Posts Tagged With: Weaverville

Who the heck is Zebulon B. Vance?

TEDDY’s RATING: 

I asked that question every time I visited Asheville, North Carolina. On the way to Well Bred Bakery in Weaverville, I always saw the signs to “Vance Birthplace.” But I never took the time to actually go there until my last trip. And I have to say, Zebulon B. Vance’s birthplace is an interesting historic site.

If you’re a native to North Carolina, you probably know who Zeb is. The third of eight children, Zebulon Vance practiced law in Asheville and at age 24 was elected to his first public office. His mountain upbringing helped him achieve success. He was a man of the people, promoting basic human rights, and was “a champion of local self-government and individual liberty.”

He was a well-known political leader during the Civil War and after. He was elected governor of North Carolina three times and was also a three-term senator for the state. He was known as the “War Governor of the South,” helping out soldiers and their families during the difficult years of the Civil War.

The birthplace site, in the Reems Creek Valley near Weaverville and off the Blue Ridge Parkway, is a collection of buildings furnished with household items representative of the period of 1795 through 1840 when the Vance family lived there.

        

The Vance family home has five rooms, an unusually large size for the time period. Also on site are a corn crib, springhouse, smokehouse, loom house, slave house and tool shed. The visitor’s center has exhibits about the famous Vance family and a short film about the life of Zebulon. Throughout the year, there are special events at the site where costumed interpreters demonstrate life of the early settlers in the Blue Ridge Mountains during the Zebulon Vance’s time.

        

        

What I found most interesting about the site was how you really felt transported back in time to the late 1700s when the Vances lived in the log home.  We had a guide take us through the house and explain what life was like at that time. The guide was very, very knowledgeable about the time period and the site itself. You could almost picture the family by the hearth, women sewing, men chatting, children playing.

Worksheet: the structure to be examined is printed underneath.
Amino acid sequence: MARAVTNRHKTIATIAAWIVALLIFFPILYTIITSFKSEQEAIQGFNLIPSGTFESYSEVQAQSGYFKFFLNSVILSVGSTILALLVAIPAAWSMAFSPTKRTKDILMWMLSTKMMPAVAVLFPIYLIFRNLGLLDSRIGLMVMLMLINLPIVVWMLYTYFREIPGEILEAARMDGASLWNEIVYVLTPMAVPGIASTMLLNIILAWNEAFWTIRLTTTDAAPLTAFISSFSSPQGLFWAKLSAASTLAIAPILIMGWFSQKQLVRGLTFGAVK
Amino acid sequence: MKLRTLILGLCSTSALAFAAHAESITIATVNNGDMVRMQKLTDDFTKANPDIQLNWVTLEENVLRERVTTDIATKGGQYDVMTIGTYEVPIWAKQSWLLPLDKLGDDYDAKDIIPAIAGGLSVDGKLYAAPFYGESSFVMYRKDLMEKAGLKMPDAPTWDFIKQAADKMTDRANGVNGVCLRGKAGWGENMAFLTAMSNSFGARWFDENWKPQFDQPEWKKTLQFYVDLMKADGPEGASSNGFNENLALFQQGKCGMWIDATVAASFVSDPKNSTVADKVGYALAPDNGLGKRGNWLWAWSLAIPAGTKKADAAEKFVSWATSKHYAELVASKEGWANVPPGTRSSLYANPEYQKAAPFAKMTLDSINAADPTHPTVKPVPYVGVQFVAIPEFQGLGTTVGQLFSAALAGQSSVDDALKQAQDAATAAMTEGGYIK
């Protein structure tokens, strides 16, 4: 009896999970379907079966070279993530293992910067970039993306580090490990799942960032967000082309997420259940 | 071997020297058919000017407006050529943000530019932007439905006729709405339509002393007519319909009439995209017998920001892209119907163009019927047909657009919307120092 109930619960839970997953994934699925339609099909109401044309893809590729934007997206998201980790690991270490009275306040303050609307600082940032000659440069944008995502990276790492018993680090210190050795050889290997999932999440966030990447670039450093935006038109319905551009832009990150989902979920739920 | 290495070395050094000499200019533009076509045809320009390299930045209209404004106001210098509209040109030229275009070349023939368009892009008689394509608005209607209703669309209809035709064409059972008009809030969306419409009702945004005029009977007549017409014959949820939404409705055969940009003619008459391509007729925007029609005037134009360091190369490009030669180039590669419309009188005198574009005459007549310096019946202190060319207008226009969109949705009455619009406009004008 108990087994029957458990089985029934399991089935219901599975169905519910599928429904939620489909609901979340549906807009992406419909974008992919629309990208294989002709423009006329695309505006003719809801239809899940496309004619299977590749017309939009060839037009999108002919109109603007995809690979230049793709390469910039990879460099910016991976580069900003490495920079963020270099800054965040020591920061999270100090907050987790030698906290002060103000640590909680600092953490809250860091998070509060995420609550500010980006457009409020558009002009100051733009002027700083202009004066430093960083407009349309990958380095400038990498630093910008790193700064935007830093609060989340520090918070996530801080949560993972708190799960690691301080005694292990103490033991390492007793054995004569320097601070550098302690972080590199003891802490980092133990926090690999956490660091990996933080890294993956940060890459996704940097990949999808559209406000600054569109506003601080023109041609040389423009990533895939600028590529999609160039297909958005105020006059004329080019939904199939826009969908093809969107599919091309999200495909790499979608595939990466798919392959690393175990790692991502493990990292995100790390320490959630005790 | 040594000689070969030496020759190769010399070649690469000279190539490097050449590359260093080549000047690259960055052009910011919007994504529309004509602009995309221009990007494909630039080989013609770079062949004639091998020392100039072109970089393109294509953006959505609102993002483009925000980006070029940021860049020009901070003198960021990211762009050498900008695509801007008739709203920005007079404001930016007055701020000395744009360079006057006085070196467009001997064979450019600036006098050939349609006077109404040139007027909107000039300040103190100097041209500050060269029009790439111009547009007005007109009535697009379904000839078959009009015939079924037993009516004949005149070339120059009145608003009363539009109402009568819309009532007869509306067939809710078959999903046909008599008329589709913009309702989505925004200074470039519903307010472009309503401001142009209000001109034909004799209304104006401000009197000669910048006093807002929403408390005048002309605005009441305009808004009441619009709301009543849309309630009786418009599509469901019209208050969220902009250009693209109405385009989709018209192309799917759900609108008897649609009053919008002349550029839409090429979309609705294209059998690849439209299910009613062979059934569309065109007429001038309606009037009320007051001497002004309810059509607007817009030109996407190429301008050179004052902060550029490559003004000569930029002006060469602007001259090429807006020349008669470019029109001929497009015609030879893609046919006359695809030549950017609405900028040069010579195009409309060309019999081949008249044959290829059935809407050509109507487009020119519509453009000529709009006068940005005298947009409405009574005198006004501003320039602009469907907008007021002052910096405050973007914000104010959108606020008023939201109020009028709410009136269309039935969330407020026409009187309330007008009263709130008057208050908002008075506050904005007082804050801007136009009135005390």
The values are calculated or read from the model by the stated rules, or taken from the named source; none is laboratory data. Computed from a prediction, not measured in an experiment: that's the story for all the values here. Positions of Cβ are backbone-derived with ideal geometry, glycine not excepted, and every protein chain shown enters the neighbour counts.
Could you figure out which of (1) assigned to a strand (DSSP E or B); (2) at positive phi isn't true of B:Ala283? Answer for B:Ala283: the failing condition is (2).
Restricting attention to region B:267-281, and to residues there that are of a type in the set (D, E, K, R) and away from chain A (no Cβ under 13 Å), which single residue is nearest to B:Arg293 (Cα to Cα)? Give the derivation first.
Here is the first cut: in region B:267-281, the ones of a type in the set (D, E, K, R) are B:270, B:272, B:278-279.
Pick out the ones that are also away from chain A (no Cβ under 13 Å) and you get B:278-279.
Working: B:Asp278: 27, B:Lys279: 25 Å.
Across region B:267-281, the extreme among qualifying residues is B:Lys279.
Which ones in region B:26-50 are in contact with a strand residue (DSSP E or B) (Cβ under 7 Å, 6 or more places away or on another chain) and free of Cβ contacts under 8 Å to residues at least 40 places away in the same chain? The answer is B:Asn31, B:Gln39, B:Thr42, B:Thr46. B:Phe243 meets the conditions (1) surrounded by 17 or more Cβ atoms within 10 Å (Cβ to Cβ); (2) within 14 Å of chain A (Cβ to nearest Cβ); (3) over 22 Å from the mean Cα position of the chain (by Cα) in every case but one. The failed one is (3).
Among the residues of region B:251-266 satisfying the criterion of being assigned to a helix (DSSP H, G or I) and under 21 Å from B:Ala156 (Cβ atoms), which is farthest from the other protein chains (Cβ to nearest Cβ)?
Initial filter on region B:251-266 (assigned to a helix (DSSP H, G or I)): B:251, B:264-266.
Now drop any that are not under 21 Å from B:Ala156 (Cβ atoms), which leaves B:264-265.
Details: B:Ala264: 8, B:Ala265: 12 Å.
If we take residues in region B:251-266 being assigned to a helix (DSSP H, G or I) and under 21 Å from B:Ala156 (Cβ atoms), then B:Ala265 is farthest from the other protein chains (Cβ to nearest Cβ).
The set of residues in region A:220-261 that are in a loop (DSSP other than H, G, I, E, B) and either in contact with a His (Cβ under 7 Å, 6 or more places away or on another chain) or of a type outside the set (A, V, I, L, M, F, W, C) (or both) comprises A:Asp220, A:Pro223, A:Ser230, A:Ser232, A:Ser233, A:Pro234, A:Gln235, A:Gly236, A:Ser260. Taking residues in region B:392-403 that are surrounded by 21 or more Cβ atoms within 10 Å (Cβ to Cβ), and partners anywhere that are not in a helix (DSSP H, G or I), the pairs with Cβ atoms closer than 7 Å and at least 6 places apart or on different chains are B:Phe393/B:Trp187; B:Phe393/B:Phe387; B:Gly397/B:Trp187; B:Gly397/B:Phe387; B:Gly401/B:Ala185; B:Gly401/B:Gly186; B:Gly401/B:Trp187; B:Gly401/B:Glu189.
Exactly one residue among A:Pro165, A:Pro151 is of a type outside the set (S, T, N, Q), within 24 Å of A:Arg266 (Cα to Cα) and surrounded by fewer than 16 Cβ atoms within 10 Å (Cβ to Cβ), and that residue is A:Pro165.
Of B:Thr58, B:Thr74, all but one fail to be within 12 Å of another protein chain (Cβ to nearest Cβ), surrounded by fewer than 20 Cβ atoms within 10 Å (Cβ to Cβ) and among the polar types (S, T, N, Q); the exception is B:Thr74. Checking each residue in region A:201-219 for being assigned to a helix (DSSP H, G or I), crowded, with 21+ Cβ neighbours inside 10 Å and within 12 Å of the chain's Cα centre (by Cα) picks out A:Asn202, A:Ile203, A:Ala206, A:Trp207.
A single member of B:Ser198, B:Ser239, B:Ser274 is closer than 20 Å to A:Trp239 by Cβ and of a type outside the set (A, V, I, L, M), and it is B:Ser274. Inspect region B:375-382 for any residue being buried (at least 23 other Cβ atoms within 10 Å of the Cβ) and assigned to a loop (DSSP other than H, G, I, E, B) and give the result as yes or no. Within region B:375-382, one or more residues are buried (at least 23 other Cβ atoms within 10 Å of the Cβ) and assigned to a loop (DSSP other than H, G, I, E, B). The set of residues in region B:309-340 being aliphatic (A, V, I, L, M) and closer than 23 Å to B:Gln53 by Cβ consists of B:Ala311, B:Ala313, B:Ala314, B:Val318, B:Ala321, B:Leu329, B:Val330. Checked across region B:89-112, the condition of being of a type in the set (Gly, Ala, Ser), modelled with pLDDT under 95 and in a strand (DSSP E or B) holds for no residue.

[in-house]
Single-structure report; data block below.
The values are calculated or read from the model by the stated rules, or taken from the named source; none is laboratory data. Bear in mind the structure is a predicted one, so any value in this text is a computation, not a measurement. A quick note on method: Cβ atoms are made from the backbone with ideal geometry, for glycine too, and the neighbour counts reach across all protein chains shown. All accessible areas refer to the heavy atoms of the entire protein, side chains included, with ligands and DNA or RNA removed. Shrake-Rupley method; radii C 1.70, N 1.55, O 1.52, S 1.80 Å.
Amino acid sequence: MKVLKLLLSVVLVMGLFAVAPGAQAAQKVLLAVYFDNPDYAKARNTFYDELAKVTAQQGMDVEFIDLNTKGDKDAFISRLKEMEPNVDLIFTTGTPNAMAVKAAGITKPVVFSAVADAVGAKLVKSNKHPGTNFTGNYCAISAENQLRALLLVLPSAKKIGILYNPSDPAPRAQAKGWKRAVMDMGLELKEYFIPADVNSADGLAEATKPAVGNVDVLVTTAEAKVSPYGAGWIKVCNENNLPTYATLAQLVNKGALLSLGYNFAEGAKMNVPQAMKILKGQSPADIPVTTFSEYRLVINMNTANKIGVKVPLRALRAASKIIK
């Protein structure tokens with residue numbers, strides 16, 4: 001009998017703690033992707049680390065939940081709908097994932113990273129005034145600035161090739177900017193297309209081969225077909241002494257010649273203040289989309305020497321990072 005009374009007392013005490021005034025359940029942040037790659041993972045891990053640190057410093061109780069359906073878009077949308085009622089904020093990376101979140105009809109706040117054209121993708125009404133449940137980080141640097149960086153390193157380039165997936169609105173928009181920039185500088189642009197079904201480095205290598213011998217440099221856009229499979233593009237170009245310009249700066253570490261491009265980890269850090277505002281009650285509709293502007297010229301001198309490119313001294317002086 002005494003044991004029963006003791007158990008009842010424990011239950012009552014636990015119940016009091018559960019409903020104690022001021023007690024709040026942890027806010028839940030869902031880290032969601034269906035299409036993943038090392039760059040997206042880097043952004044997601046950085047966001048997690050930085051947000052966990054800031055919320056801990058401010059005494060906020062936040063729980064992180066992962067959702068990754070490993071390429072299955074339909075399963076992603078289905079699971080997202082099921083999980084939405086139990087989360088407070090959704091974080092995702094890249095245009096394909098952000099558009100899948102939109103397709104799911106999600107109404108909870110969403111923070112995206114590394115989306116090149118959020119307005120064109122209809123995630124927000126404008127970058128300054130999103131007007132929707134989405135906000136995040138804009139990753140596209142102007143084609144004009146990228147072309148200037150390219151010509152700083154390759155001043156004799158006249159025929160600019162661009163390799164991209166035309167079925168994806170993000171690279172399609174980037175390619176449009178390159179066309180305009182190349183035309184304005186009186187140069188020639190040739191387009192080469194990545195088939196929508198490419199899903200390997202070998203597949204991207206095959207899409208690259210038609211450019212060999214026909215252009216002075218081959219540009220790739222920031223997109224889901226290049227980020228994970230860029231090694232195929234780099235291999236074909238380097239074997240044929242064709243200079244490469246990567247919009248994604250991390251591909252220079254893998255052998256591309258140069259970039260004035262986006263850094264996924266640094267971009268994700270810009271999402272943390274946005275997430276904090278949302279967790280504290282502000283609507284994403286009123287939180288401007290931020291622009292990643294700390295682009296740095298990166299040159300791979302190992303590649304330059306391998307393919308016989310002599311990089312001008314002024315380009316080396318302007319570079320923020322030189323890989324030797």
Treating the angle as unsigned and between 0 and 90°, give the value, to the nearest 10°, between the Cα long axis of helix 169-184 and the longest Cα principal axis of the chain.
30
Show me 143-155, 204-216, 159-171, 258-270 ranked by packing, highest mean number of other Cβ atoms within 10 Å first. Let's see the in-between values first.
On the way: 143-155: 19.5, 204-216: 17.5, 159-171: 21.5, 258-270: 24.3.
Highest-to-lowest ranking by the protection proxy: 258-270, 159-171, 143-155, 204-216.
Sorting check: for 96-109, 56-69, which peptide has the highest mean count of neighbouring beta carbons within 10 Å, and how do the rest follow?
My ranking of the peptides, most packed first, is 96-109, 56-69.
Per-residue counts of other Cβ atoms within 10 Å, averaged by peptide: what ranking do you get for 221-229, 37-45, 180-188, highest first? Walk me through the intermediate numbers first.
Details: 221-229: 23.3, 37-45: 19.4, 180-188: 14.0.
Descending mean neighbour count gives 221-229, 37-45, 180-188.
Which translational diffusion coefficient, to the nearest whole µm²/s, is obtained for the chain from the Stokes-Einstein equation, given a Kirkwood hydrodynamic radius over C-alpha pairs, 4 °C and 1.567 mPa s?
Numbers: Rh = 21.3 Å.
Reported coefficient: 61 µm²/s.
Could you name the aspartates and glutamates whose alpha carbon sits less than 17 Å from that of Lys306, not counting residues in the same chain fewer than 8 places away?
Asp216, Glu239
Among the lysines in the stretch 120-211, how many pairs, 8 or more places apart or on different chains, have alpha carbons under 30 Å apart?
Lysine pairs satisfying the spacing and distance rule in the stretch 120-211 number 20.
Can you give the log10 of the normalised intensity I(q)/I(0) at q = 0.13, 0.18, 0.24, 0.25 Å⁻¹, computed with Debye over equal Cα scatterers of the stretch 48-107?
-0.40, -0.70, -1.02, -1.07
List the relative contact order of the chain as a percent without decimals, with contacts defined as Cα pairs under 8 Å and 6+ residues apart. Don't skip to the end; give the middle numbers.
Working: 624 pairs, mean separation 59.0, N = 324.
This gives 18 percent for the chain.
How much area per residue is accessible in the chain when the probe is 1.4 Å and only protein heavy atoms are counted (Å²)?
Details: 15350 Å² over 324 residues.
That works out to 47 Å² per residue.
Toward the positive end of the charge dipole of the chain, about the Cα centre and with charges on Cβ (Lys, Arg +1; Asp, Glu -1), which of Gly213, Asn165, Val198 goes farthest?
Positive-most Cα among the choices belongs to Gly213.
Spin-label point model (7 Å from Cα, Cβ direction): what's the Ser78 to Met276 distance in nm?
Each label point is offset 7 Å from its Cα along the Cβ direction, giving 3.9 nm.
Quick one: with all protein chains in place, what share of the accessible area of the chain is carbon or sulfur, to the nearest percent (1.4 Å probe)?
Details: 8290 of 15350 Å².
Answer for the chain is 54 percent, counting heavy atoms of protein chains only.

The Vance Birthplace historic pioneer farmstead is open Tuesdays through Saturdays, 9am-5pm. Admission is free, but donations are appreciated.

Dates of Visit:  May 2012

http://www.nchistoricsites.org/vance/vance.htm

If you enjoyed this post, you might like my other blog:  http://ilovebritishtv.com

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Categories: North Carolina, Play | Tags: , , , , , , , , , , , , | 1 Comment

Stoney Knob Cafe-Weaverville’s Best

TEDDY’s RATING:

Weaverville is a little town, just north of Asheville, about a 10 minute drive from downtown. Population: just over 3,000 people.

If you’ve driven through Weaverville you might think of it as just a sleepy little hamlet, but they’ve got some great eating spots. I’ve already written about the Well-Bred Bakery. Definitely check that out if you’re there. But if you’re looking for a great meal at a fun, funky bistro, try the Stoney Knob Café.

When you walk in, you’d think you were in a restaurant in downtown Asheville or even a much more metropolitan city. The décor is a “whimsical blend of artifacts and artful spaces,” as their website says and the menu is made up of American, European, and Mediterranean cuisine.

The Stoney Knob Café started out as a small diner back in the 1960s. When original owner Gus Dermas emigrated from Greece to the US, he discovered Weaverville and fell in love with it because it reminded him of his homeland. The restaurant is currently run by Gus’s sons, John and Yotty.

In 2000, the Stoney Knob Cafe was expanded. The original diner remains, but is now flanked by two other dining areas. On one side is the Red Room where you can enjoy an intimate dinner by the fire. On the other side is the Mediterranean Room, also called the “saints and sinners” room. This larger dining room is decorated with a mish mash of everything from velvet Elvis paintings to a life-sized statue of the Virgin Mary. So, one restaurant with three distinctive looks, but all of them inviting and fun, and like nothing you’ve probably ever seen before.

The menu is as eclectic as the atmosphere. They prepare dishes “from near and far” combining local tastes with world-wide flair. You can get Spanish paella, Greek moussaka, Asian spring rolls, falafel, Kobe beef burgers, and filet mignon. There are also seafood, vegetarian and gluten-free choices.

We started off our meal with an excellent cocktail, the Love Potion #69, a blend of strawberry kiwi Vodka, peach schnapps, lemon juice and sour mix. Delightful. They have other original cocktails, a full bar and an extensive wine list.

For entrees, the tortellini with chicken was light, creamy and totally delicious with a parmesan carbonara sauce, prosciutto and peas. And as the menu says, the tender braised boneless short ribs with asiago stone ground grits were “to die for.” We rounded off the meal with their luscious Italian lemon cake.